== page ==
A man stands among snow covered pig heads in Stepanakert, the capital of Nagorno Karabakh.

Lands In Limbo

What it means to live in places without any international recognition

Pete Brook
Mar 26, 2015 · 6 min read

There are currently an estimated 10 million people who have been forced to flee their homes and home nations. These refugees who have escaped war and natural and man-made disasters, live in legal limbo. Not integrated fully in foreign lands but without a way back, they are “stateless.”

“Stateless” is a word to describe people without a place, but what about places without place?

Abkhazia, Northern Cyprus, Transnistria, Nagorno Karabakh, and Somaliland can fairly be described as stateless — all countries that are without formal recognition from other nations and without acknowledged statehood. For his series Lands In Limbo, photographer Narayan Mahon visited all five and observed societies in legal No-Man’s Land.

These are states that are not.

Nagorno Karabakh. Karabakhi soldiers stand guard at a war memorial in Kharamort, a village that was once evenly populated by ethnic Azeris and Armenians. The village is now half the size since the Azeris fled and their homes were burned.

“I never realized there was this middle ground, between seceding and being a normal, fully-fledged nation,” says Mahon. “I was curious about the idea that a country could be functionally independent but not recognized by the international community.”

Mahon witnessed the cultural identities, ethnic make-up, economics, and fights for self-determination. His photographs reveal fragments of daily life, work and and leisure.

A young Somali boy checks himself out and fixes his hair in the mirrors of a small barbershop in Hargeisa, Somaliland.
Transnistria. A pensioner and widow, depending on a sparse state pension of 30 US Dollars per month, speaks with a neighbor in the countryside.
Friends enjoy an afternoon on the Black Sea coast of Abkhazia. Much of the Abkhaz coastline is littered with rusting ships and scrap metal.

If there are any common sights among these five countries facing extreme international isolation, Mahon hoped to capture them.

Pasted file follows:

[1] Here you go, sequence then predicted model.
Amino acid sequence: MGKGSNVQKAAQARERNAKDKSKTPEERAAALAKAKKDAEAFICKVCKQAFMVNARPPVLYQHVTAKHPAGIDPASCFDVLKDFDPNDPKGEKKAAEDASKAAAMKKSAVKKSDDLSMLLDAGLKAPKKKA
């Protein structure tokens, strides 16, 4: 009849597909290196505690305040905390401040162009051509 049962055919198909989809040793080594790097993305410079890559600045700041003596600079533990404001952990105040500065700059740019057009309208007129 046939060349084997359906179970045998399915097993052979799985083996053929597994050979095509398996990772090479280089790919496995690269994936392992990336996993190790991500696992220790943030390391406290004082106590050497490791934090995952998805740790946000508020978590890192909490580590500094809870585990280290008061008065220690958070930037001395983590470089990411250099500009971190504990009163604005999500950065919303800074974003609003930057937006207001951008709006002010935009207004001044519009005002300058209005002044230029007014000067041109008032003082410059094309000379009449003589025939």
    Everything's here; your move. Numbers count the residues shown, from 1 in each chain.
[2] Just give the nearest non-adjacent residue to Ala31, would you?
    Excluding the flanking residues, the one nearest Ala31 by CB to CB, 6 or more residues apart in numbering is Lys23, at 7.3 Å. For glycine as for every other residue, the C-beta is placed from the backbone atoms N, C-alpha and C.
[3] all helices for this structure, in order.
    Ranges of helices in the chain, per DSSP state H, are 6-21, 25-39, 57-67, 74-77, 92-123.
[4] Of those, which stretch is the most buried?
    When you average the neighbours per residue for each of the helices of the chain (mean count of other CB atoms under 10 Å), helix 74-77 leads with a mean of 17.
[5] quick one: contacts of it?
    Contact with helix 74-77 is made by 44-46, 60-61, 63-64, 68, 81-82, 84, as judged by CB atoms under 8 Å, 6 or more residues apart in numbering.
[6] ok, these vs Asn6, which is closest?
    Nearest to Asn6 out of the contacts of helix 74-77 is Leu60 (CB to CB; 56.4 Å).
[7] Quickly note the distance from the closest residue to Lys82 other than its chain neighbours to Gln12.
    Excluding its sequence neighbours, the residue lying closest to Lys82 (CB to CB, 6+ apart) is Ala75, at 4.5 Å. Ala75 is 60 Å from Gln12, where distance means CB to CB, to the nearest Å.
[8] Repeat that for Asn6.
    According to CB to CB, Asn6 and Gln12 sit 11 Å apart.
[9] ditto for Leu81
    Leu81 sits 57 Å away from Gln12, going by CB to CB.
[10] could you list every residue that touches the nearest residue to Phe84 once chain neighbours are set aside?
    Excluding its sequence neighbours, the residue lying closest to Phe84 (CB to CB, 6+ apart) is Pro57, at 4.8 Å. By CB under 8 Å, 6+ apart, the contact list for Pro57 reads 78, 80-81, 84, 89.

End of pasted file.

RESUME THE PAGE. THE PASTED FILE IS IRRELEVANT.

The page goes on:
“The former Soviet breakaway states definitely share a common history and psychological profile. Those states have such a strong culture of paranoia and mistrust. They share an experience in how they were grouped with other countries in ways that created conflict,” says Mahon. “Those conflicts are still coming up throughout the former Soviet Union.”

Northern Cyprus. An officer keeps watch along the green line in Lefkosa/Nicosia, the buffer zone that separates the two sides of Cyprus and the only divided capital.
Nagorno Karabakh. People gather for a New Years celebration.

Lands In Limbo defies genre. It is partly documentation, but not complete documentary. Some of the images look like news photos but Mahon has a stated artistic intent. Here is an inquiry about huge geopolitical forces in a globalized 21st century … but it is based upon momentary street photos and portraits.

“I wanted to see what these countries’ national identities looked like, [learn] what’s it’s like to live in such an isolated place.”

A man walks into a small store in the center of Stepanakert, the capital of Nagorno Karabakh. Stepanakert lost nearly half it’s population to forced deportation of Azeris during the breakaway war.
A man opens a bottle of homemade wine in his farm home. Transnistria broke away from Moldova following the collapse of the Soviet Union. Unable to trade legally due to its status, Transnistria’s Mafioso government survives on illegal arms dealing and is a reputed leader in human trafficking. Transnistria is the last bastion of Soviet style government, complete with a Supreme Soviet, Lenin statues and Hammer and Sickle emblems on all things government, including its national flag. While not being considered a legitimate nation, Transnistria distributes its own passports (although all citizens also hold either Moldovan or Russian passports) and national currency, both of which are worthless beyond its “borders.”

“When I started the project not one of countries was recognized by a single country,” says Mahon.

Fortunes haven’t changed much. Abkhazia now has recognition from four countries — Russia, Nicaragua, Venezuela and Nauru. (It did have six, but Vanuatu and Tuvalu recently rescinded their recognition.)

Mostly though, Northern Cyprus, Transnistria, Nagorno Karabakh, and Somaliland are on their own. Outsider-status forges rock solid internal bonds.

“All of the countries share a certain sense of righteousness,” explains Mahon. “Self-determination, independence and sovereignty is their human right.”

Once breakaway is achieved peaceable reunification is usually left behind. Only in Northern Cyprus are there political talks about the reunification of Cyprus. Referendums and the people may decide ultimately.

“None of the other breakaway states talk about reunification, that would be political suicide … or homicide,” says Mahon.

Northern Cyprus. A young boy outside his home along the wall that divides Cyprus in the capital Lefkosa. Cyprus has been divided for more that 40 years.
Nagorno Karabakh. During and after the breakaway war with Azerbaijan, Karabakhi-Armenians burned and destroyed not only Azeri villages and town quarters but also desecrated Azeri muslim mosques and cemeteries. This is common practice throughout the Caucasus, used as a deterrence for people wanting to return to their homes.